The first Europeans to reach India after Alexander the Great were the Portuguese in 1498. Two centuries later, in the 1700’s they lost their position to Great Britain and the Netherlands.
In 1639 the English East India Company established a trading base with India, which grew into the city of Madras.
In 1662 Bombay was given to King Charles II of England when he married the Portuguese princess Catherine of Braganza. Six years later the city was sold to the East India Company, which established a base in Bengal. The base grew into Calcutta.
By the 18th century the Dutch had lost their positions in India, but France had a strong influence in the region. During the 18th century the French and the British were in constant conflict which lead to the Seven Years war over influence in the region. As a result of the war Britain gained control over more territories in India.
The position of Great Britain in India was weakened by World War I. In 1920 Mohandas Karamchand Gandhi (Mahatma Gandhi) came back to India from South Africa and started a movement that promoted non-cooperation with the British. Gandhi was arrested several times in the late 20’s - early 30’s of the 20th century, but he kept on acting against the British government. As a result, Indians were granted different rights and freedoms.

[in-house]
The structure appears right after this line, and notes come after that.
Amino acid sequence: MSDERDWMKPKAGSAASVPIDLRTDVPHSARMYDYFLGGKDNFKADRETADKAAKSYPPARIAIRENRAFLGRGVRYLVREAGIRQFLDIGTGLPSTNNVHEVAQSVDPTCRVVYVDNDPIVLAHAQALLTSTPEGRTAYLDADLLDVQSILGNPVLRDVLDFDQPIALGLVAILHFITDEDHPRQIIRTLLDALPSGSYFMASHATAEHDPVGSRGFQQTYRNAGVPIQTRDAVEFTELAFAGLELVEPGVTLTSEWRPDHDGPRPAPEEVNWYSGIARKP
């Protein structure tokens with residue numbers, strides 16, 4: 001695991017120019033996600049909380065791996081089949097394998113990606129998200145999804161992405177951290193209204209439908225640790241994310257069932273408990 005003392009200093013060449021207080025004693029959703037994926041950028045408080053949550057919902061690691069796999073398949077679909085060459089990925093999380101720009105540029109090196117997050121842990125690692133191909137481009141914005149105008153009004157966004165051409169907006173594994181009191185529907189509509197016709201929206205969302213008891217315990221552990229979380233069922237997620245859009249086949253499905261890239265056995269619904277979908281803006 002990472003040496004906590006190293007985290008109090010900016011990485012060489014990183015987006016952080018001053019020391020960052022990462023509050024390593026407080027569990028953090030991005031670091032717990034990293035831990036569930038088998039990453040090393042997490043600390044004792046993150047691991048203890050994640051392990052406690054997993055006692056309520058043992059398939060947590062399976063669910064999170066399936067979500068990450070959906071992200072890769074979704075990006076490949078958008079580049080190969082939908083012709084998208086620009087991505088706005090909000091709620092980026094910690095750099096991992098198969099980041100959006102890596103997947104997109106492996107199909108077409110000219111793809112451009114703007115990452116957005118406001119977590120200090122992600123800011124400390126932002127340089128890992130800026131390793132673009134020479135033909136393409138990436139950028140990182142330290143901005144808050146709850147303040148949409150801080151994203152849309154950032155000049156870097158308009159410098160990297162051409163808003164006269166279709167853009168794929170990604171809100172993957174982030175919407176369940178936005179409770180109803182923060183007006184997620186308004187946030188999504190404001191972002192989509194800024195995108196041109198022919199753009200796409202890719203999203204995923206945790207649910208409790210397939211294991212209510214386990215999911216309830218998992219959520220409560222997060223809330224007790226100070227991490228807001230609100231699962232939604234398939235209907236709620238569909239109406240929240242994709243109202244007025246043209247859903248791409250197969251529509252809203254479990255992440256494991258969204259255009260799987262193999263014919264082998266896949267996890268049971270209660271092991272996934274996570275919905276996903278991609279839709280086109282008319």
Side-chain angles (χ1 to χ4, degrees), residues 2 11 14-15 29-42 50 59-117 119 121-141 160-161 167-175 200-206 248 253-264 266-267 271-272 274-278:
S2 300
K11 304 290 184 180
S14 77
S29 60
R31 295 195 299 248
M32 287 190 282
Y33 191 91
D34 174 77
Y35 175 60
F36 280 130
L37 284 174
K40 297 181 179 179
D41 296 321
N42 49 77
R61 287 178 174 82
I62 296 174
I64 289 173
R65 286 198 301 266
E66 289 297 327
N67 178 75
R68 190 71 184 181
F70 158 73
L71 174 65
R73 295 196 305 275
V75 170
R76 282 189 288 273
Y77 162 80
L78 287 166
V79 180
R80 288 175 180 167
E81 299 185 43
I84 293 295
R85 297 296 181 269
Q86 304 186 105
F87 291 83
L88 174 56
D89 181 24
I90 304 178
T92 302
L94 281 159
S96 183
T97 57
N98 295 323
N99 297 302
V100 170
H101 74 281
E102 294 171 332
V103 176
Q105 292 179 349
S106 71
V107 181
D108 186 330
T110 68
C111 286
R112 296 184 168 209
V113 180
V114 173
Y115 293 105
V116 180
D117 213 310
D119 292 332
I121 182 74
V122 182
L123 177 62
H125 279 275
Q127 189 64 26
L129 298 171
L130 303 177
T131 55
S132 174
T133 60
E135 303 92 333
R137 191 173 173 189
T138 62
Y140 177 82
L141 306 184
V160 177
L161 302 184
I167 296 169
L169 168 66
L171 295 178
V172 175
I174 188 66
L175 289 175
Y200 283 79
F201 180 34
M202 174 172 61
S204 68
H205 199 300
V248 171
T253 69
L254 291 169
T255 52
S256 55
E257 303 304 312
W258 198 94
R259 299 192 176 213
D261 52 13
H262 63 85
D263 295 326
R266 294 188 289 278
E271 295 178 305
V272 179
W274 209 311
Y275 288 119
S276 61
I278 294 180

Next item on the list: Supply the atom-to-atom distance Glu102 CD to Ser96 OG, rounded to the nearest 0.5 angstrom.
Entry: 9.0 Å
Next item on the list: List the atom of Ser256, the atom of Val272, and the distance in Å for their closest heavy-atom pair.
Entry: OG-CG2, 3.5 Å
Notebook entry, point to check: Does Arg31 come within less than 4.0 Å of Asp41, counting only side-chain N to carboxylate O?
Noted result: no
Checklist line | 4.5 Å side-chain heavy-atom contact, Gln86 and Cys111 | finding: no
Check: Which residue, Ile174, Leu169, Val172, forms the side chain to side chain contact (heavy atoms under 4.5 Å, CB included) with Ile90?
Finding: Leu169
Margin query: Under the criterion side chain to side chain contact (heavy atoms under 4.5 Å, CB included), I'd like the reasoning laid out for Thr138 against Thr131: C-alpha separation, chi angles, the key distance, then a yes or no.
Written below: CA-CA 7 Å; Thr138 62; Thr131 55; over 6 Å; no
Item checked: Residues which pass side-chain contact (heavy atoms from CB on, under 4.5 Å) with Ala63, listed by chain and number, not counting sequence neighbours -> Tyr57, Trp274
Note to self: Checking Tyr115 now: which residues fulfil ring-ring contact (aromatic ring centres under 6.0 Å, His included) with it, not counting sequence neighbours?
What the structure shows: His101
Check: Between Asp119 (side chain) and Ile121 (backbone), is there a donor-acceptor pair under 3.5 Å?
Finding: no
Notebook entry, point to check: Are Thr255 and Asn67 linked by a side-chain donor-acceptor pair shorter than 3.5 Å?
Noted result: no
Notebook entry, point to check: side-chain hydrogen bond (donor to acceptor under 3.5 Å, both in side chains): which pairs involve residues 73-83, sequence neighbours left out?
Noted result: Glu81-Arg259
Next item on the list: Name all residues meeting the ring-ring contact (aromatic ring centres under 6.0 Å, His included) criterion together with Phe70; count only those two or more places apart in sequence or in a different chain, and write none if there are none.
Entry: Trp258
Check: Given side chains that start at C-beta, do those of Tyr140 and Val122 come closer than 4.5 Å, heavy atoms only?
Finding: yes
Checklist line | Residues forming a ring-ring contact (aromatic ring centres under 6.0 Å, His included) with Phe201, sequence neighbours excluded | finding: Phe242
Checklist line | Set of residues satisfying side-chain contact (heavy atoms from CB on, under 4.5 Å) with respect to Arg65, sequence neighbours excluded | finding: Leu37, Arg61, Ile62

In 1947 after a series of clashes between Indians and the British, but also between Hindus and Muslims, India gained its independence. The Muslims were given Pakistan and Bangladesh. India officially became a secular state in 1950.
Over the next 30 years India participated in three wars. The first one - in 1962 against China, and two against Pakistan- one in 1965 and one in 1971. The second war brought the independence of Bangladesh.
In the 1980’s, aside from the recession, the Indian government had to deal with the Sikh in Punjab who wanted independence.
In the 90’s India gained complete control over its governance and today is one of the fastest growing economies in the world.